We currently have over 1000 unique images and we intend to have 10-100x more than that in the final game. Would you recommend a spine rig with 100,000 skins?
The Spine editor can likely handle that many attachments, but you're right that it is not recommended because it requires too much tedious work that can be avoided in other ways. You approach to use whitespace in the attachment images is good, you just don't want that whitespace in your atlas.
This is going to get a bit long from here because you want everything: 1) to render any of many variations, and 2) to render many of those all at once.
What you can do is rig one set of attachments in Spine that use an image with enough whitespace to fit any of your images for that attachment. These attachments are your "template". Artists can now go off and create any number of attachments images using the template images, as long as their images are the same size. You do not rig any of these images in Spine, your skeleton only contains only the template images.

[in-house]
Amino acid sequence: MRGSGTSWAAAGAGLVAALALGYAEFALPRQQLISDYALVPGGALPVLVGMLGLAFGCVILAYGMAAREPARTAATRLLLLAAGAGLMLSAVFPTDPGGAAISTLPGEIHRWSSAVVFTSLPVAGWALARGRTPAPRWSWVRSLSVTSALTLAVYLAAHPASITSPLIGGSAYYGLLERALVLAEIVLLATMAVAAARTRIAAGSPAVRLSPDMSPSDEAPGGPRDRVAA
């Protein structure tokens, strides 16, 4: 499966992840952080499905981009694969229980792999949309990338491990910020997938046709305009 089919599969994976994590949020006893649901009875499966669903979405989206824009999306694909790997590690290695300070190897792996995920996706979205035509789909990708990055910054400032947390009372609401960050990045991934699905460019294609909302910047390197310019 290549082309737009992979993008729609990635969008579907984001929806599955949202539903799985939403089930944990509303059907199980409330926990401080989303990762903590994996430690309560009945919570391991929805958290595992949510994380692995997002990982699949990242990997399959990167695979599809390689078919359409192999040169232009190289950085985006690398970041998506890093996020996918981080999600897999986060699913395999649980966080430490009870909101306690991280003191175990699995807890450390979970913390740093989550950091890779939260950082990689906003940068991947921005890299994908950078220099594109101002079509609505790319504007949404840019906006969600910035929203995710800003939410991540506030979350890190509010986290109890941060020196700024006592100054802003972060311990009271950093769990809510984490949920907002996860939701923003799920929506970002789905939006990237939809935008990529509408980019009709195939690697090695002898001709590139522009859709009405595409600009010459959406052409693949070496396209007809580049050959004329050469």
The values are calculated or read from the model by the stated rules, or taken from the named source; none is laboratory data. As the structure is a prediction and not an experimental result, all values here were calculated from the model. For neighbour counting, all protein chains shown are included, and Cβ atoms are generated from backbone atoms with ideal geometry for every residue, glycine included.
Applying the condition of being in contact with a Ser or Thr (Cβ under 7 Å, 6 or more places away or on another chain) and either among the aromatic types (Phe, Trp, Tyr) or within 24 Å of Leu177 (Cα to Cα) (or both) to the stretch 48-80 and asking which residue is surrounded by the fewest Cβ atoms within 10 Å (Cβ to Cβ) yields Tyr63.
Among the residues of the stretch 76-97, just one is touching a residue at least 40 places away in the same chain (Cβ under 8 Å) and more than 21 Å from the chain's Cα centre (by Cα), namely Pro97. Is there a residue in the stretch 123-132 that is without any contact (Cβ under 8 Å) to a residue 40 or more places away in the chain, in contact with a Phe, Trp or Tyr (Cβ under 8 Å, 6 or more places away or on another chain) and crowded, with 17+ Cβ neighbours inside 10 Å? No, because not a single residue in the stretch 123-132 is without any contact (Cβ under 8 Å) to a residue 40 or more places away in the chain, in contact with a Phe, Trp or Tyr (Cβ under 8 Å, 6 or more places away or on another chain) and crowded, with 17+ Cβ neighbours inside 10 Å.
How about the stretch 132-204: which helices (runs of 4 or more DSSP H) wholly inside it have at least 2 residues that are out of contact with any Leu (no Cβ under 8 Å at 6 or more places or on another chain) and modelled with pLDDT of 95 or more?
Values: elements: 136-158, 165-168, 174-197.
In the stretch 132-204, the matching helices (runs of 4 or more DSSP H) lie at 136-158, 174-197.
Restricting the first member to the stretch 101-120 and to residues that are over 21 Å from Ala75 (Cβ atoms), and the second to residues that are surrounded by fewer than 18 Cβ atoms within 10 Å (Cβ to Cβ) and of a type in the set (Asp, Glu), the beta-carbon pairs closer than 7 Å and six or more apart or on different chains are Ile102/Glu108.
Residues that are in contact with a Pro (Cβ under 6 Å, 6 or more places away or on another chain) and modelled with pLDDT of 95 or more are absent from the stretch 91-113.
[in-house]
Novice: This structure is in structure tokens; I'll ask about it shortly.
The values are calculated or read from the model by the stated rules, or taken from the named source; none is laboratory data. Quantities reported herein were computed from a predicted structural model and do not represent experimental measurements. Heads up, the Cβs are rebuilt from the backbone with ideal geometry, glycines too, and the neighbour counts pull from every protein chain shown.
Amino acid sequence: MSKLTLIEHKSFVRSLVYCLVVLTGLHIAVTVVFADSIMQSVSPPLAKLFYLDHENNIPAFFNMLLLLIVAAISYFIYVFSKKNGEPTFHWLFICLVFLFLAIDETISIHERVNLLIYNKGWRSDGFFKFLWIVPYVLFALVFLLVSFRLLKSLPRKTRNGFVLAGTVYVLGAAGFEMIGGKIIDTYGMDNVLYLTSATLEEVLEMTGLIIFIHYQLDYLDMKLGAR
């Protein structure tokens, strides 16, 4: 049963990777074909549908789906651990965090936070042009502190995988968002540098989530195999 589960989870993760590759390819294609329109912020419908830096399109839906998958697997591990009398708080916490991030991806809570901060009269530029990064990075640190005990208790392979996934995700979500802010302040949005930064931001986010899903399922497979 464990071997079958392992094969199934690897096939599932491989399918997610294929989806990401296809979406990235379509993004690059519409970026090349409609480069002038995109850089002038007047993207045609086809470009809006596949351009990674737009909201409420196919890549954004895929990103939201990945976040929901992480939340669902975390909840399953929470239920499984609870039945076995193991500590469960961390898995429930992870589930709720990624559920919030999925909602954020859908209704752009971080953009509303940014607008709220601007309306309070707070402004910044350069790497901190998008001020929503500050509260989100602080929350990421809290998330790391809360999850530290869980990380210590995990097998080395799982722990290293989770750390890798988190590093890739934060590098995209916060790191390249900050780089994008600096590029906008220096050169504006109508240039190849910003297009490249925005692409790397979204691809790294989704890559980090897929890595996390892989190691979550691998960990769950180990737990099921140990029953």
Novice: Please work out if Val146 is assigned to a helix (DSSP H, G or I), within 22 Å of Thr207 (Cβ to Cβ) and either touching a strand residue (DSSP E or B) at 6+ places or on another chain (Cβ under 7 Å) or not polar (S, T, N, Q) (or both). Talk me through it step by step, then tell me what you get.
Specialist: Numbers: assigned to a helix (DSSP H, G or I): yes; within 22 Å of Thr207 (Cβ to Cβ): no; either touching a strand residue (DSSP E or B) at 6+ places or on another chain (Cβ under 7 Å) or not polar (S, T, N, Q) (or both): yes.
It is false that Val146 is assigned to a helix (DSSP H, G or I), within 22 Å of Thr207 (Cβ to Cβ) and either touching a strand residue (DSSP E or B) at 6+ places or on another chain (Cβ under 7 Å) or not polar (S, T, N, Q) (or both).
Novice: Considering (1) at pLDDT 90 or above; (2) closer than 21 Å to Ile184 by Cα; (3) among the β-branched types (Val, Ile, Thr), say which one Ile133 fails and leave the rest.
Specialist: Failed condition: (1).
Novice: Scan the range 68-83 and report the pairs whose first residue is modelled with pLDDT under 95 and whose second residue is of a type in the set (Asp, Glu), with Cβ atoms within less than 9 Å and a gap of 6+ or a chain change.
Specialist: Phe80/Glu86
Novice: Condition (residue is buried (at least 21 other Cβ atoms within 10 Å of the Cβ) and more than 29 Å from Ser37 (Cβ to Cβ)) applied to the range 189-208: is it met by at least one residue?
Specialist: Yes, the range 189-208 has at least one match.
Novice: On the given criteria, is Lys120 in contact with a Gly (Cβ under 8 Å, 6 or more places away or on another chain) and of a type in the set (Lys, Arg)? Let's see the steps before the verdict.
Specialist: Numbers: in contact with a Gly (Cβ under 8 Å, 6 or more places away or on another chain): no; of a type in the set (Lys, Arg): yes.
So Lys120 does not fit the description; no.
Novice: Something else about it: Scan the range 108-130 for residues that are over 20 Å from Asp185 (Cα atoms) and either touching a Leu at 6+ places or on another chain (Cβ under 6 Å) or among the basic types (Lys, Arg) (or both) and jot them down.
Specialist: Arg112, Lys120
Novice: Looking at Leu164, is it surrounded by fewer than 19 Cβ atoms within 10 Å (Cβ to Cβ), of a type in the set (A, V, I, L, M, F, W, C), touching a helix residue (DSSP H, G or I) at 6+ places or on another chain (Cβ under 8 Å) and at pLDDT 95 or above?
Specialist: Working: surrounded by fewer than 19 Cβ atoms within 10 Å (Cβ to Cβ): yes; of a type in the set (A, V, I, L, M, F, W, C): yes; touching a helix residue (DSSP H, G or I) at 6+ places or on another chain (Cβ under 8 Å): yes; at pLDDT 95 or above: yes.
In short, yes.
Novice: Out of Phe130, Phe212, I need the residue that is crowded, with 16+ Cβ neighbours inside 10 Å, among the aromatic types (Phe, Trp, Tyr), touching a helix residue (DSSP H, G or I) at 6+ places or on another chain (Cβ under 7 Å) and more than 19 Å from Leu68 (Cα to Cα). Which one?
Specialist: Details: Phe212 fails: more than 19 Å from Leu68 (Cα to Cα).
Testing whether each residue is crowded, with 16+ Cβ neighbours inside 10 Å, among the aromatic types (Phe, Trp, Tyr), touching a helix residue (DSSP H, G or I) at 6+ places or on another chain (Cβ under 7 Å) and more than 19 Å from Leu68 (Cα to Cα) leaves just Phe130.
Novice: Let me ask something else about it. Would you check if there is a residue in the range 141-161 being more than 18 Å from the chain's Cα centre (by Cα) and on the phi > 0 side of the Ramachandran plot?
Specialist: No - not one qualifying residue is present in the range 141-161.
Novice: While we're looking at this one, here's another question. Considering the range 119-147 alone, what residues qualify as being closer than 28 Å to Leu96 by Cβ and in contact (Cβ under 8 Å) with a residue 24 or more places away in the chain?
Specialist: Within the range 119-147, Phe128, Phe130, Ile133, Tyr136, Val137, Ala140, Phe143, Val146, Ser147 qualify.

You can create an image that shows all the bones using Spine's PSD export, so your artists know where the bone origins are located. This lets them position their images based on where the bones rotate.
Now what to do at runtime? You could pack all the images into an atlas (you can exclude the template images) using whitespace stripping (you can use polygon packing too, but let's not complicate things any further for now). When you load your skeleton at runtime, you can provide an AttachmentLoader to control how the texture region for an attachment is found.
There's a few ways to go from here, depending on your needs. When the AttachmentLoader is asked to create the attachment for